accused men, and eminent counsel were engaged. After the first few days at Boise City even the irreconcilables among the Socialist leaders in attendance seemed ready to admit that the Idaho authorities were disposed to grant the accused a fair and impartial trial. The process of selecting a jury occupied many wearisome days.


This month of June will witness Philippine the first general election of dele

Election. gates to a popular assembly in the Philippine Islands. The steps by which this important event in the political history of the Philippines has been brought about have been hardly noticed by the American public. Five years ago Congress passed a law which provided that whenever a condition of general and complete peace shall have been established," and the fact of its establishment certified by the president of the Philippine Commission, "the President upon being satisfied thereof shall order a census." It is further provided by the law that if the

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peaceful conditions should continue for two Copyright, 1907, by I. Benjamin, Cincinnati. years after the completion and publication of the census an election for the choice of delegates to the popular assembly shall be called by the direction of the president. The census was completed and published on March 28, 1905, and, two years having passed without

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fixed by the commission for the election, which is to be held in all of the territory not inhabited by Moros or other non-Christian tribes. While at least one of the political parties in the islands has declared for immediate independence, it is impossible to say whether any considerable number of delegates will be elected upon that platform. The National Progressive party, successor of the Federals, has adopted a platform looking to ultimate independence, but proposing no radical steps at present. Parties in the Philippines have always resembled personal factions or juntas, rather than bodies of voters united on particular policies or principles.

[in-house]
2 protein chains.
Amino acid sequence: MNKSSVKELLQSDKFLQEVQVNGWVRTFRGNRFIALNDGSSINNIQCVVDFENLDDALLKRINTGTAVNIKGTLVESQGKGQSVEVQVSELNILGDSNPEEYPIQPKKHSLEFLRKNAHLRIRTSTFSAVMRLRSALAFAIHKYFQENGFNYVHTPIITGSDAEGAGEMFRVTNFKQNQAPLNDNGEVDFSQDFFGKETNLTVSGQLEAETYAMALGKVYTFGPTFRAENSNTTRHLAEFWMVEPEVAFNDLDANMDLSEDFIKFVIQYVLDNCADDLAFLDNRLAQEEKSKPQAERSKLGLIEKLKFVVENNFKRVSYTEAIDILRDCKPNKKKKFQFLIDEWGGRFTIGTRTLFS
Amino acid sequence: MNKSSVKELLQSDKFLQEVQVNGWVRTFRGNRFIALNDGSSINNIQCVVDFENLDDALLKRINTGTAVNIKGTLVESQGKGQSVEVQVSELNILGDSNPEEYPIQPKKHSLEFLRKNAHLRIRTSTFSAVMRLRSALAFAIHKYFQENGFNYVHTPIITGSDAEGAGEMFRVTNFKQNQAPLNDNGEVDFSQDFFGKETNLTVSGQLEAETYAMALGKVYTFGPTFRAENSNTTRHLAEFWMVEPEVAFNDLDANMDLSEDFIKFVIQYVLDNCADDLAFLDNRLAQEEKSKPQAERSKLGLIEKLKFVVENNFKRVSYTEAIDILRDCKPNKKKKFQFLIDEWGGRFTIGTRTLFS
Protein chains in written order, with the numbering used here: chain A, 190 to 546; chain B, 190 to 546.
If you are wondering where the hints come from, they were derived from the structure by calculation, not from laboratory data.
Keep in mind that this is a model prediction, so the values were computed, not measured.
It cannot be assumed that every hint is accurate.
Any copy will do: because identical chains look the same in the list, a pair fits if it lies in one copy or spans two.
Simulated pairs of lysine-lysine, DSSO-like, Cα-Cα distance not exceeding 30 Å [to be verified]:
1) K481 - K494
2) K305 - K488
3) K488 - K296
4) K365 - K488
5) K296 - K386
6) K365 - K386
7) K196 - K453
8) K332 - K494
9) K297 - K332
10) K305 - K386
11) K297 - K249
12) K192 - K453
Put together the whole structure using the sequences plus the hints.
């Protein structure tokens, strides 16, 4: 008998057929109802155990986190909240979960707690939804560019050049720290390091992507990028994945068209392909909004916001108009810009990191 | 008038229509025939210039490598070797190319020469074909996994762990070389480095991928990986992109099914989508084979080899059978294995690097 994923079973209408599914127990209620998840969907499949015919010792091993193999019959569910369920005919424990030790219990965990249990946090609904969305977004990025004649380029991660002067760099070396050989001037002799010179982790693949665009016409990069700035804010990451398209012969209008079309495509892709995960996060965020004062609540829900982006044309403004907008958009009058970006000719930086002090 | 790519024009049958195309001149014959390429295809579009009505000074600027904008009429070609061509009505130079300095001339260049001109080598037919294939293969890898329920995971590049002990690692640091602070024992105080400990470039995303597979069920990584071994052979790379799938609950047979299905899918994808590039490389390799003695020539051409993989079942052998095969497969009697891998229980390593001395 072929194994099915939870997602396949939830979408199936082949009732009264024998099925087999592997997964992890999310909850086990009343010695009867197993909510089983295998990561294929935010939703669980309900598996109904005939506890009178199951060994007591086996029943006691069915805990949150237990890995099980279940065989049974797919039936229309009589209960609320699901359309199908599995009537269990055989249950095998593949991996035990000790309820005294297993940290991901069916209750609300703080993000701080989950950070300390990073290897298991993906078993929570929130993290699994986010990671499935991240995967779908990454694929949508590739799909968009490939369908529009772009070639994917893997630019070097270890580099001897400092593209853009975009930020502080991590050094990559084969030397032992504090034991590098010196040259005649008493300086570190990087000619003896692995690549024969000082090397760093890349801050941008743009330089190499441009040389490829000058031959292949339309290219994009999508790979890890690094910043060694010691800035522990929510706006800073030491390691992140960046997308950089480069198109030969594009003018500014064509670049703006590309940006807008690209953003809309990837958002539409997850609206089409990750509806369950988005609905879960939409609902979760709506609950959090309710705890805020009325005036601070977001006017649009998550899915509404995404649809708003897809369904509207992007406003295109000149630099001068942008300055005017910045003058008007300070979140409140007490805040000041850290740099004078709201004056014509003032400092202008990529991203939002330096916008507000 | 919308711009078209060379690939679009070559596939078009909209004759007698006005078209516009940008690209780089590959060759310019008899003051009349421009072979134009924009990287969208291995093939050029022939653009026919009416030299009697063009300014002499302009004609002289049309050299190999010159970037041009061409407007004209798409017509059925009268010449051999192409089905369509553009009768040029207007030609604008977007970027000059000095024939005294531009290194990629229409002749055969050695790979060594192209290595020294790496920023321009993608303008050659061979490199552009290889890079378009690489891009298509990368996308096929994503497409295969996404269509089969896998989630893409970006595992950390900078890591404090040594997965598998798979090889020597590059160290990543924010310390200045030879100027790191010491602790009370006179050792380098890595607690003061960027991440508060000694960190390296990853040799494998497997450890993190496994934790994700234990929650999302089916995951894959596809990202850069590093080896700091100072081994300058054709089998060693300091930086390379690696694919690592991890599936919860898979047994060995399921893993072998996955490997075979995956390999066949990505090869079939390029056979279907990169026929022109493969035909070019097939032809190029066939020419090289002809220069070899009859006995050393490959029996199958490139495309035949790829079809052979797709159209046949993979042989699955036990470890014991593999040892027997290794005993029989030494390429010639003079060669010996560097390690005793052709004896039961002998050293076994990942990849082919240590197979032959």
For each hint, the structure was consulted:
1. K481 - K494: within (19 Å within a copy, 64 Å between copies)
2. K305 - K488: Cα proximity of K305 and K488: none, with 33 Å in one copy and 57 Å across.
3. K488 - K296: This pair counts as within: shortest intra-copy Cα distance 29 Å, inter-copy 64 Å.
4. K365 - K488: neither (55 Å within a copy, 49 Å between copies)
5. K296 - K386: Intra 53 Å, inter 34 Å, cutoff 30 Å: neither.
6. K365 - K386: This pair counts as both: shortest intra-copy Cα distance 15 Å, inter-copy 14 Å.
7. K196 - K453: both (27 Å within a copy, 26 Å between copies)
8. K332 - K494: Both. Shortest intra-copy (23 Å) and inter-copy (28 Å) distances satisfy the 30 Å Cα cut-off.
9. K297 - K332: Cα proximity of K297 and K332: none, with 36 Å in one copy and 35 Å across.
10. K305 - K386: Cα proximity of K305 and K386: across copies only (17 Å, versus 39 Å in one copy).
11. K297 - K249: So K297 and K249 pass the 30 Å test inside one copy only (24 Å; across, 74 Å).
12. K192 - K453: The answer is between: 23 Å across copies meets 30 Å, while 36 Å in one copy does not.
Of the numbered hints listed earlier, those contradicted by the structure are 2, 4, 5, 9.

and Senatorial.

The date of the assembling of Presidential, the Philippine Legislature has been fixed for the latter part of October, to suit the convenience of Secretary Taft, who will visit the archipelago at that time. The Secretary will return to Washington before the holidays, and will probably make such recommendations to Congress as may have been suggested by his observations on the trip. Mr. Taft's candidacy for the Presidency has steadily developed in strength. There was every indication last month that he would receive the practically unanimous support of his State,

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and the Foraker leaders seemed eager to an- Mississippi and the Great Lakes, and will nounce their indorsement of his candidacy, consider all general subjects connected with irrespective of the contest for Mr. Foraker's the inland water system of the country along seat in the Senate. After a month's deadlock the broadest lines. The Administration at the Republicans of the Wisconsin Legislature Washington attaches great importance to the succeeded in nominating the Hon. Isaac work of this commission, believing that as Stephenson to succeed Senator Spooner. Mr. one result of its labors the "log-rolling Stephenson, whose election promptly fol- schemes of river improvement that have prelowed his nomination, is a millionaire lumberman and banker, an ardent supporter of Senator La Follette in his policies, and a man of considerable experience in public life, having been a member of the lower house of Congress for six years in the '80's. The Rhode Island Legislature, after a long session spent in deadlock, was compelled to adjourn without having chosen a Senator. The election of members of the next Rhode Island Legislature will be fought out on the basis of votes for the various senatorial candidates.

Our Inland.

vailed in the past will be superseded by an orderly, definite policy of improvement and control. The commission owes its existence largely to the activity of certain commercial organizations of the Mississippi Valley, which had in view the attainment of lower freight rates through the construction of a deep waterway from the Lakes to the Gulf, and this aspect of the waterways problem will doubtless receive the commission's earnest attention. But its investigations will cover a much broader field, as was indicated by the President's letter of March 14 last to Chairman Burton, summarized in the April number of this magazine.